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Now, you remember me telling you about our Outdoor Philosopher, Harry? Well we heard a while back of a website created to provide the communication link between travellers and hosts to facilitate a similar arrangement. The idea is that people like us register as ‘hosts’. We provide the traveller with food and shelter in return for help around the place. Some helpers have very unique skills like carpentry, plumbing, electrics etc. Others just bring a unique perspective and boundless enthusiasm. We’ve had a few people wanting to help us here, but the timing wasn’t right for us or for them. Obviously, people love to be here in France in the summer, but for us that’s nigh on impossible to provide accommodation wise. But, after Harry left, Syb & I decided that we needed yet more help around here and were contacted by Marieke (pronounced Ma-ry-e-keh), a young German girl who was in Paris, but longed for some peace & quiet! Here fer gawd’s sakes!

Actually, it is reasonably peaceful here just now, and Marieke’s taken to this place (and us to her, it has to be said) like a duck to water! We’ve had a great week so far with her, she’s given us some much needed impetus to get on and get things done that have been festering for months! Today, she’s been joined by her boyfriend Manuel, who’s driven down from Germany to see her. Today, we’re working as normal, tomorrow though, we’ve suggested they take off and explore the area. We have another week with Marieke, and we’re seriously considering adopting her! Great company, great worker and a lovely girl all round!

The campsite’s taken a bit of a battering this year so far. Each time we think it’s dry enough to drive on, we’ve had to push, shove, grunt and generally manhandle cars, vans and caravans back off, and place them either on higher ground, away from the boggy stuff, or on the hard standing driveways. Sunday last, we had a ‘drop-in’ – our term for a camper who hadn’t booked in. They liked the look of the place (the sun was shining, birds singing) and decided to chance one of the corner pitches. Their ‘bus’ is a 3 and a half tonne beastie, which clearly wasn’t up to the soft-ground, and became stuck as fast as I could shout ‘STOP!’

Much pushing, grunting and swearing ensued, all the other guests played admirable parts in the charade which followed. Great ruts were formed in the making of this fiasco, but fortunately no animals were harmed, and all tempers and senses of humour were kept intact. Eventually, after an hour of jacking up wheels, placing carpets, wedges, rush mats under tyres. Of pushing and shoving, pulling & grunting to no avail, I gave in! In the car, I whizzed off to see first Gérard for the loan of a man and tractor. Gérard was off visiting family (Sunday, you see), so next port of call, whizzing past our place to the confused stares from various campers, was to Michel’s place. Michel’s a forestiere, a forestry worker, and Sunday afternoon would normally find him a bit worse for wear, but God (or whoever’s in charge of campsite owner’s sanity up there) decided to smile on me, and Michel was more than capable of driving his huge forestry tractor down to ours, attaching a line to the bus and pulling him free of the Somme-like trenches!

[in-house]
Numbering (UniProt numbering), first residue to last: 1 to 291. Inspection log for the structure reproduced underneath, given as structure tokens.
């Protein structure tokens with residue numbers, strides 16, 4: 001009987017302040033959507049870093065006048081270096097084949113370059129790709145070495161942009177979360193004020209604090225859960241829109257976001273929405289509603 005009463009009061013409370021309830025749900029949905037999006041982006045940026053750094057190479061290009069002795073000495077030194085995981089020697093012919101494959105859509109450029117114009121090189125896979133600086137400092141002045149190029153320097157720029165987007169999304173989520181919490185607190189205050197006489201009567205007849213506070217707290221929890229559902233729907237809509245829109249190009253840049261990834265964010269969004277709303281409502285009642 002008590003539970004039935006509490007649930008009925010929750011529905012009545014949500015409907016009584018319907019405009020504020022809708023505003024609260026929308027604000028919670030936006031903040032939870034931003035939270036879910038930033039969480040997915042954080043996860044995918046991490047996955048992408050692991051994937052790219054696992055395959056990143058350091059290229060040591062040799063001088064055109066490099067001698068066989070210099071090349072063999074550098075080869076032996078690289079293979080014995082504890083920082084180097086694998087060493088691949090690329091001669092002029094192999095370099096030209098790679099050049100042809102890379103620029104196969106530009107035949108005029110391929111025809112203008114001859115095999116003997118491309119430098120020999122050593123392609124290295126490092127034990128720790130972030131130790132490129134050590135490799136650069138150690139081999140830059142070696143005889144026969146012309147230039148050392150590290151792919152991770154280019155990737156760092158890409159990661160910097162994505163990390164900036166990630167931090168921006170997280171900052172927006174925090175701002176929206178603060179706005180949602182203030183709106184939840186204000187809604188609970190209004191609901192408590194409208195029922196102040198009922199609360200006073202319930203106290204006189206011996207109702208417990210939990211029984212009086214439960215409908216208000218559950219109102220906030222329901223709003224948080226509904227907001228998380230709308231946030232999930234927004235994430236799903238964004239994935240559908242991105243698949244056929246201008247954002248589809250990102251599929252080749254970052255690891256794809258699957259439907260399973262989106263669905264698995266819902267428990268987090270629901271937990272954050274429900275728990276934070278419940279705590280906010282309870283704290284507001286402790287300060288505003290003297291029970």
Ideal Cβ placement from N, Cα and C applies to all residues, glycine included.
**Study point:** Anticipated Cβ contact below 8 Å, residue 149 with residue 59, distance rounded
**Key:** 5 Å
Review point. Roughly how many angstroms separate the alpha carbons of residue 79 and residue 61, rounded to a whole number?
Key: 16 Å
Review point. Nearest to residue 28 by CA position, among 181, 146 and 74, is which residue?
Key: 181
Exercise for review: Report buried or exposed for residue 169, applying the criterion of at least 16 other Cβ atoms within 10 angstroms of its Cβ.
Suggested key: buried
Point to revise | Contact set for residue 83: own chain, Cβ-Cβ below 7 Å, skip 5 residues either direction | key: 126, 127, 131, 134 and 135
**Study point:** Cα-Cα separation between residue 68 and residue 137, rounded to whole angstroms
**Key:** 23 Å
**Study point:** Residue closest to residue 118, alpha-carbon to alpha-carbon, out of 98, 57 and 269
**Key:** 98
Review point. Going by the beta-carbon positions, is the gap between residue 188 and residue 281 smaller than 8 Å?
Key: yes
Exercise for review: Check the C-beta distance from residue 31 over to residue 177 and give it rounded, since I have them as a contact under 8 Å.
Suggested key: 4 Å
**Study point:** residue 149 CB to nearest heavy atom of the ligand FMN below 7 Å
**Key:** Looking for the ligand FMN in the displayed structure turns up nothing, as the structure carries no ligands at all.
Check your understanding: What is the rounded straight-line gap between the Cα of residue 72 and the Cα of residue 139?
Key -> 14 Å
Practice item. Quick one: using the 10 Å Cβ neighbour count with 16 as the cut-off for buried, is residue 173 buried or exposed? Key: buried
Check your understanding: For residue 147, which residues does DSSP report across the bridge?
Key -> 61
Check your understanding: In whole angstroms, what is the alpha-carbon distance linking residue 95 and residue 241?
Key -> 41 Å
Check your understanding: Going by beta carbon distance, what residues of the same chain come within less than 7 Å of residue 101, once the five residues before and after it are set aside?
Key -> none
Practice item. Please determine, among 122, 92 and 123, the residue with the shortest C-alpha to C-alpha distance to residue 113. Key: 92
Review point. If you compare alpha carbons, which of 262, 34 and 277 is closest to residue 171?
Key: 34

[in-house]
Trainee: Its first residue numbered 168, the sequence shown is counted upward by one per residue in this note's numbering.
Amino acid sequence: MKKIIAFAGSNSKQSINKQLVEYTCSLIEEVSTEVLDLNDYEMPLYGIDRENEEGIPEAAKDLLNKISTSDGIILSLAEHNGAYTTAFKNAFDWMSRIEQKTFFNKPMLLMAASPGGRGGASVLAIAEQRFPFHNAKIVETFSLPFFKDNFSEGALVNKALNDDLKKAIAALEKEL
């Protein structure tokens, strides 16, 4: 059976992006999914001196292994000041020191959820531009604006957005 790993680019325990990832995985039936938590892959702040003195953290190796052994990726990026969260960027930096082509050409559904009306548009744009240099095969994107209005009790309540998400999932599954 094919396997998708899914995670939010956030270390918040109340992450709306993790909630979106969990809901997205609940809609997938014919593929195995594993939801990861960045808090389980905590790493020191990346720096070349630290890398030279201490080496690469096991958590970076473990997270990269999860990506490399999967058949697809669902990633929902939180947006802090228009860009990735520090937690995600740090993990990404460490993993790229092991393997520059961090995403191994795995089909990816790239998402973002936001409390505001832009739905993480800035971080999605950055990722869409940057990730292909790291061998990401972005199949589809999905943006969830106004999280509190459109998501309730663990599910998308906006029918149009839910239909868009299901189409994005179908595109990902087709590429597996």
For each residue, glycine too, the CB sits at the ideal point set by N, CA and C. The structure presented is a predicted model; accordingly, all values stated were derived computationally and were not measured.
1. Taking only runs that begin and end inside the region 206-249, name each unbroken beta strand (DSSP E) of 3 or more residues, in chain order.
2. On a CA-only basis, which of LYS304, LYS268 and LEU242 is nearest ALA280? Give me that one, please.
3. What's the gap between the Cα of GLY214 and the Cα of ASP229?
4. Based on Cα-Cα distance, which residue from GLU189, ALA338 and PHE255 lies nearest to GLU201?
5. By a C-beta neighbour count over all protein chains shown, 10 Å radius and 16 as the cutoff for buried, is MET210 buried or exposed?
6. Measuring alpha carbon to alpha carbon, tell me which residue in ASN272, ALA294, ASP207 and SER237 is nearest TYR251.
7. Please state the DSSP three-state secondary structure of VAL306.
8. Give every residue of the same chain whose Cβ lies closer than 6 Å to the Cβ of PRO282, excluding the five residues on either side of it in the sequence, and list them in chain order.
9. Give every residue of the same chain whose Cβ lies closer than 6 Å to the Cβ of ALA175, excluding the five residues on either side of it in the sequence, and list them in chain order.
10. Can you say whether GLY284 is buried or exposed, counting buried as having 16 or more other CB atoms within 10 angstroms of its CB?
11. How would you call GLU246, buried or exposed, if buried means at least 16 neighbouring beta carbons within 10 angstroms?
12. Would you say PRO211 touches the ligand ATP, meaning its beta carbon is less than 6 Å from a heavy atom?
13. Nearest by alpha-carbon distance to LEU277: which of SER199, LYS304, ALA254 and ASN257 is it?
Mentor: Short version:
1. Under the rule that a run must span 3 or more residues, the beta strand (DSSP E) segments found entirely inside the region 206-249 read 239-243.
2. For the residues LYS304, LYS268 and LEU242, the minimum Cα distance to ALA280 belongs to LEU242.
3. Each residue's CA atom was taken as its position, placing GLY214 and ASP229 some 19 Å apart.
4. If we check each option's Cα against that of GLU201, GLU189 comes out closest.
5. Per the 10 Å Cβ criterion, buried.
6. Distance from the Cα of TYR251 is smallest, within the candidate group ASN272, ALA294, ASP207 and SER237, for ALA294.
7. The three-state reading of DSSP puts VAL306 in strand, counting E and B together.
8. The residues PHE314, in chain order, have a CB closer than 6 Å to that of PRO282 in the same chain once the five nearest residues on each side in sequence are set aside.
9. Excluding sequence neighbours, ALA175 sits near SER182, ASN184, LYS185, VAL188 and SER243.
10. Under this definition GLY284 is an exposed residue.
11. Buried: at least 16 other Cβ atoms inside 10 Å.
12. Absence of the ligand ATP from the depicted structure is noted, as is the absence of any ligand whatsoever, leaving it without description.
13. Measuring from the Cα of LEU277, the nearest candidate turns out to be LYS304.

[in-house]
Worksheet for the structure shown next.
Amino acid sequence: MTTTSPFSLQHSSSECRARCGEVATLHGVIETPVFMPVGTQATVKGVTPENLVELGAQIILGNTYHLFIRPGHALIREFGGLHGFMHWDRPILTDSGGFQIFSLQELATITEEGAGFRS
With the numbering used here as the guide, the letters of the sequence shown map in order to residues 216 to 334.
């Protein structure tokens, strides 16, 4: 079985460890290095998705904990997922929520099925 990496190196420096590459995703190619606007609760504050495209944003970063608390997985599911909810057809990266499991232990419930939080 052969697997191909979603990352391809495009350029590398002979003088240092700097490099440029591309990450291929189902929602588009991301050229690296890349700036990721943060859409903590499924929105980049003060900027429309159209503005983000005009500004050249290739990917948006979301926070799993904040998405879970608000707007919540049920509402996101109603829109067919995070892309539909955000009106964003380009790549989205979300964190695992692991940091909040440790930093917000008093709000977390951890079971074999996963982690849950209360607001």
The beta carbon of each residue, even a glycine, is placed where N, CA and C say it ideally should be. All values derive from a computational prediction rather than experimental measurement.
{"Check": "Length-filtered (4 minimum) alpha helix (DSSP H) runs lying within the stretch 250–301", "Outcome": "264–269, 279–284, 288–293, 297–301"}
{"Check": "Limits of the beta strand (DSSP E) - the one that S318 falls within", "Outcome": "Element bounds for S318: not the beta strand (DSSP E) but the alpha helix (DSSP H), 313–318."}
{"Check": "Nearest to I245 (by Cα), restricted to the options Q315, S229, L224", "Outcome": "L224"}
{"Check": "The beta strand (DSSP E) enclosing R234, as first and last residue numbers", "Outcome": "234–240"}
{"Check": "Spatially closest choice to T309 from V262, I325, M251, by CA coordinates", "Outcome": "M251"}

Now, you may think after all this palaver, that the owners of the bus would simply say “er….just one night please” – but no. After we’d relocated them on the nice hard standing next to the old barn, there they stayed for 5 nights, leaving just this morning. A lovely couple, with a great attitude to camping, they’ve been a part of what makes Le Chant d’Oiseau so special to us. They’ve ‘got us’, and what we’re trying to do here. We’ve shared some laughs with them, eaten with them and drank with them. Someone else we’ll be sorry to see leave the place, but hopefully, now they know where we are, they’ll be back one day soon. Hopefully not after a few months of seemingly relentless rainfall though!

Friends from the UK arrive here tomorrow. Ant & Tara have been regular visitors to Le Chant since we became the owners, on their own or with other friends at first, and now with their own little boy, Joe. Or – ‘Little Joe’, in true Bonanza stylee! They’ve usually stayed in Chardonneret, and indeed, they tell us they think that’s where Little Joe was made! I have to take advice from them both tomorrow as to whether they’d like to enlarge their family, before we decide on their accommodation…

So, with the weather set fair (for a change) a barbeque could be on the cards, and it’ll be a true european nations affair, with our friends from the UK, Marieke and Manuel from Germany and our first French guests of the year too. Looking forward to it, very much!

Until the next time, au revoir.

TBC

All content © Le Chant d’Oiseau, 2006-2008

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